"... It is well settled in this state that where power is conferred upon cities to enact ordinances for the preservation of peace and good order within the city or for the preservation of the health of its inhabitants it may be exercised although the legislature has provided state regulations on the same subjects.... A city may not by ordinance authorize that which a statute prohibits nor punish the doing of an act which the statute expressly authorizes, but, as we have seen, it is competent for a city, under the authority of the legislature, to provide that an act shall be an offense against the authority of the city although the same act is made can offense against the state. An ordinance enacted in the exercise of the police power is not necessarily inconsistent with a state law on the same subject because the city provides for greater restrictions or makes higher standards than is provided or made by the statute...." (pp. 796, 797.)

See, also, Walker v. Railway Co., 95 Kan. 702, 149 Pac. 677.

In City of Beloit v. Lamborn, supra, also a milk ordinance case, the ordinance was challenged on the premise that it conflicted with state statutes governing the same subject matter. In addressing itself to this topic the court said:

"... An ordinance enacted in the exercise of police power is not necessarily inconsistent with a state law on the same subject simply because the city provides higher standards than those provided by the statute. (Kansas City v. Henre, supra, 797.) An ordinance may not ignore the state's regulatory acts, *322 nor deny rights granted by the state, nor grant rights denied by the state so as to nullify the state law (Trimble v. City of Topeka, 147 Kan. 111, 75 P.2d 241); but we have declared many times that a city by ordinance may extend regulation beyond the limits of general state statutes dealing with the same subjects. (Kansas City v. Henre, supra; Garden City v. Legg, 126 Kan. 569, 268 Pac. 827; State v. Reynolds, 152 Kan. 762, 107 P.2d 728; City of Garden City v. Miller, 181 Kan. 360, 311 P.2d 306.) It may be necessary in a congested district such as a city to make stricter regulations than are made and enforced by statute for the state at large. (Kansas City v. Henre, supra, 797, 798; Ash v. Gibson, 145 Kan. 825, 67 P.2d 1101.)" (pp. 292, 293.)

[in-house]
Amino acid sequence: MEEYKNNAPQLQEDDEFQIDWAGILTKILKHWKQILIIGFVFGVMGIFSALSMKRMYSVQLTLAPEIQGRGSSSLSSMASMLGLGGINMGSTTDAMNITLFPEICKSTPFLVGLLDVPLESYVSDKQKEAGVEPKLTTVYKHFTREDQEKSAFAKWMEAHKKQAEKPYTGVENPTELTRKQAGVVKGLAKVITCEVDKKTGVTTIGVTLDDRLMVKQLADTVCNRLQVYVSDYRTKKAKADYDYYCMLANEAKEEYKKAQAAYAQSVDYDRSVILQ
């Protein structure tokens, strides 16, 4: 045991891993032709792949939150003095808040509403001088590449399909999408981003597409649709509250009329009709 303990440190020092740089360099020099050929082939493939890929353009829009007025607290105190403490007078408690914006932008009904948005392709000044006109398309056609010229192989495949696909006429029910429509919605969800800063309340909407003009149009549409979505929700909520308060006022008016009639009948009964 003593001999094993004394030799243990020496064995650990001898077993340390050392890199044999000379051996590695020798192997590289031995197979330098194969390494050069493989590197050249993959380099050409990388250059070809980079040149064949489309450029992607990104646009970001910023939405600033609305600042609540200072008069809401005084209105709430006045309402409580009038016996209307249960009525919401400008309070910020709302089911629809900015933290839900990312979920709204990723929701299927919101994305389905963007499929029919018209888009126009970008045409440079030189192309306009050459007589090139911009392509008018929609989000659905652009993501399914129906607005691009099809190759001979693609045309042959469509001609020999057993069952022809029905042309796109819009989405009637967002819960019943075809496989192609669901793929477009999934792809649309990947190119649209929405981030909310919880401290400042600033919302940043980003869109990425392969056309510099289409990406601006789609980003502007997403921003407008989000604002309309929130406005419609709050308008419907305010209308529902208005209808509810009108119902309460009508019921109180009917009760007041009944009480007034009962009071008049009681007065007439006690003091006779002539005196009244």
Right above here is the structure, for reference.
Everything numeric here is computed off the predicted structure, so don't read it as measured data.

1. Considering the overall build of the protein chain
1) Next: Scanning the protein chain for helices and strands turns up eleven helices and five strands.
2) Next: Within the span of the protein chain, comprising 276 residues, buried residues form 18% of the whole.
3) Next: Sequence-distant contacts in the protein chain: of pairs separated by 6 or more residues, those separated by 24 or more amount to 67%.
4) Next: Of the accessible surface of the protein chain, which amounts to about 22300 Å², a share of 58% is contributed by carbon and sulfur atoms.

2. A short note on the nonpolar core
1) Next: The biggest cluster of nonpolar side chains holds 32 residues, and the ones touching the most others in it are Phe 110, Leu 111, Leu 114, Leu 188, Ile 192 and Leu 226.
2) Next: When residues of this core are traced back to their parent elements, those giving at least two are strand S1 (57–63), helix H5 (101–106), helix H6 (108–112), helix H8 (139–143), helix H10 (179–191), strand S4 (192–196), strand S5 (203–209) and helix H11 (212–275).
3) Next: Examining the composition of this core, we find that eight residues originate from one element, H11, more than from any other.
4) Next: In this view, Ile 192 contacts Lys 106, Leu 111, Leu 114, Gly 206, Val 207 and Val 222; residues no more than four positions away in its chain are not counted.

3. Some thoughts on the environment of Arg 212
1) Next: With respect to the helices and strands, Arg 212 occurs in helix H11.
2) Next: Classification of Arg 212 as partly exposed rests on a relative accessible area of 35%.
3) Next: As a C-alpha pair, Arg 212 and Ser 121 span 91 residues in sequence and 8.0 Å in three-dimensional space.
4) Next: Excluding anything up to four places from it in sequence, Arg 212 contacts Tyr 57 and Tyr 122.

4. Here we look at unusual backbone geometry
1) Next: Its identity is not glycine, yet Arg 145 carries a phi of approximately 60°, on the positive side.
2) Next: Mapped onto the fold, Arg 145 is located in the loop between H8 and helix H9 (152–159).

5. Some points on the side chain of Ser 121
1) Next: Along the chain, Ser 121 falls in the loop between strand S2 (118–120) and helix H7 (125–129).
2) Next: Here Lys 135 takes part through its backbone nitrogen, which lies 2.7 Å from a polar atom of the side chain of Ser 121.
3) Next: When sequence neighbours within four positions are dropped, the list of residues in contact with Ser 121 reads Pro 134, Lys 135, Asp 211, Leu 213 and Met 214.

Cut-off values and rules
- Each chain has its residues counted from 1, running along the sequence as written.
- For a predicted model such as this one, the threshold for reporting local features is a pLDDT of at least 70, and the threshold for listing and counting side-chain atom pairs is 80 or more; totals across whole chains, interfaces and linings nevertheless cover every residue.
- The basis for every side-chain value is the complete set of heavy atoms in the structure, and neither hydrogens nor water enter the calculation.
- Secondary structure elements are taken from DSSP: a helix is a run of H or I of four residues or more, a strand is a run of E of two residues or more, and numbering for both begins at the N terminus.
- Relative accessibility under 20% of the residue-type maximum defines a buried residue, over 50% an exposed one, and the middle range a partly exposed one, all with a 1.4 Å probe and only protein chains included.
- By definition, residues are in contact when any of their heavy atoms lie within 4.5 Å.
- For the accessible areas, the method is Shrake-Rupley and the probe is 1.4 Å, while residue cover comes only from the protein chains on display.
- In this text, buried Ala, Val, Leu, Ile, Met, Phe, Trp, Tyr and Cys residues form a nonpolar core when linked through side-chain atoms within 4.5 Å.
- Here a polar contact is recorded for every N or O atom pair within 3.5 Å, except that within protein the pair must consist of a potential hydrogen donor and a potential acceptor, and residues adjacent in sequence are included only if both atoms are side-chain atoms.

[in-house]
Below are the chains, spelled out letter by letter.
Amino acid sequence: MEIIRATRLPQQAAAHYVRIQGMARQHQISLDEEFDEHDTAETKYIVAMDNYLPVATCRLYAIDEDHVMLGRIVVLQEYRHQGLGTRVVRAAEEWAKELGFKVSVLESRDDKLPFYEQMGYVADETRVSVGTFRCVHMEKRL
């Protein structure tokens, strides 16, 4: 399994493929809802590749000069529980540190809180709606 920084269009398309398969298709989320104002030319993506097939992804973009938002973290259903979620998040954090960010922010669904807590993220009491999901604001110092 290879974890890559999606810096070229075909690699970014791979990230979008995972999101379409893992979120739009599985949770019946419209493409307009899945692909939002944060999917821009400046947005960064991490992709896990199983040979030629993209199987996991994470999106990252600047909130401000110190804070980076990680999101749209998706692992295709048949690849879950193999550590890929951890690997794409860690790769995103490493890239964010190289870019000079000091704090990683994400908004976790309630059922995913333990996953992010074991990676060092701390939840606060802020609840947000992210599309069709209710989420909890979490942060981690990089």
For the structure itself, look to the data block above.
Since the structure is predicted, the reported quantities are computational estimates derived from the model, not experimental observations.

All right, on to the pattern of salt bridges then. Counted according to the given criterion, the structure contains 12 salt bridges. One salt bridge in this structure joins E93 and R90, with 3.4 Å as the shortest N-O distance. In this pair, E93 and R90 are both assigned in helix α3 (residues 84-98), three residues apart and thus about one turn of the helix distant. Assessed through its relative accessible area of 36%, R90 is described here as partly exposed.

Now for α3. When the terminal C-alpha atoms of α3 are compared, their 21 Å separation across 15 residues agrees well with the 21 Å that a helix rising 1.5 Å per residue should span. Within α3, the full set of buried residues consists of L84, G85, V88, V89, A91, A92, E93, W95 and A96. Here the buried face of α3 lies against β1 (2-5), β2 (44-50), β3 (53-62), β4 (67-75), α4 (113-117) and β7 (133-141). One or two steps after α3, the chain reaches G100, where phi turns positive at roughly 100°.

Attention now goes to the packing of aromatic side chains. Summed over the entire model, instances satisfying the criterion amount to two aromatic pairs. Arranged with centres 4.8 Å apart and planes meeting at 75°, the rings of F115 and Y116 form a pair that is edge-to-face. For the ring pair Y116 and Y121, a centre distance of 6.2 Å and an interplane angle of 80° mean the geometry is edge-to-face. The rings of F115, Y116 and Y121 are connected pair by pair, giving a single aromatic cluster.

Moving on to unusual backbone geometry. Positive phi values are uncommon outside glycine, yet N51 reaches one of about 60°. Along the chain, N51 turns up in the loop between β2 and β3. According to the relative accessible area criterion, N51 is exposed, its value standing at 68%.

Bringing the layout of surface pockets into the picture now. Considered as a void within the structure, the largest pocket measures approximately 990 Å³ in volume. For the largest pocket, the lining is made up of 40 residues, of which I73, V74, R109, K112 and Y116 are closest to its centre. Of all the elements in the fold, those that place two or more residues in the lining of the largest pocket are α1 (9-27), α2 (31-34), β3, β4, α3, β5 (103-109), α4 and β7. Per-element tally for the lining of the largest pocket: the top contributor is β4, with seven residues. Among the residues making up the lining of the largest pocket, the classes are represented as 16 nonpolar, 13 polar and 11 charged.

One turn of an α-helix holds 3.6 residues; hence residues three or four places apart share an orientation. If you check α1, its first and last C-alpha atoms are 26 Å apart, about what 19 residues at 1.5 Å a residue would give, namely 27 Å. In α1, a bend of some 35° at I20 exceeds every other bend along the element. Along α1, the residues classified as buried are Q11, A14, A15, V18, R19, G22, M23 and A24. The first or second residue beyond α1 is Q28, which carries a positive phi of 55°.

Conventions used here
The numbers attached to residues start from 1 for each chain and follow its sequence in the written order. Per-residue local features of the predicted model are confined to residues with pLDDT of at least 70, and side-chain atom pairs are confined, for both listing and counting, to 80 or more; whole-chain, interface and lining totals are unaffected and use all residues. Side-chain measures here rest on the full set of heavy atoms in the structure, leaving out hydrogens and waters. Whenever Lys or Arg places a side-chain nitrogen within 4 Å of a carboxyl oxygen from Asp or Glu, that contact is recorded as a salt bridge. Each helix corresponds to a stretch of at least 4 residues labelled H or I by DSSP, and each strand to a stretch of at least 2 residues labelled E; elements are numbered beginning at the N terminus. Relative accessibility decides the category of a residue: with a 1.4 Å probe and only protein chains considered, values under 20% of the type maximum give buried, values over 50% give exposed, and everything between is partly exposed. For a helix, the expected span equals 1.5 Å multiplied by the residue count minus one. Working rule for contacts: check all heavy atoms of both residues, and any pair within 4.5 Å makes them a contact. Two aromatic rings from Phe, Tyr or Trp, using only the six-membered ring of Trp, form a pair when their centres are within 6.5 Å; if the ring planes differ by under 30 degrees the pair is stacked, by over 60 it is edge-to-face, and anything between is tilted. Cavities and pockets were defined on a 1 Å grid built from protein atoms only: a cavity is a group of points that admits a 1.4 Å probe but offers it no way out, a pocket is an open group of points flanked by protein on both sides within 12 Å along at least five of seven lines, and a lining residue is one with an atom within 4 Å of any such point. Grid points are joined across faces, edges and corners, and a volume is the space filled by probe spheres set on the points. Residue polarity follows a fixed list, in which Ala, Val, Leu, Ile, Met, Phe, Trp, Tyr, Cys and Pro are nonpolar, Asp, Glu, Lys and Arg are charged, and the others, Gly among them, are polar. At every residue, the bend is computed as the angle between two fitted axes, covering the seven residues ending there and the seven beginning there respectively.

The rule is stated similarly in Clemons v. Wilson, 151 Kan. 250, 98 P.2d 423, where the issue narrowed down to whether an ordinance making it illegal to possess gambling devices was in conflict with a statute declaring it to be a nuisance to set up gambling devices. In the course of its opinion, determining that no conflict existed, the court employed this language: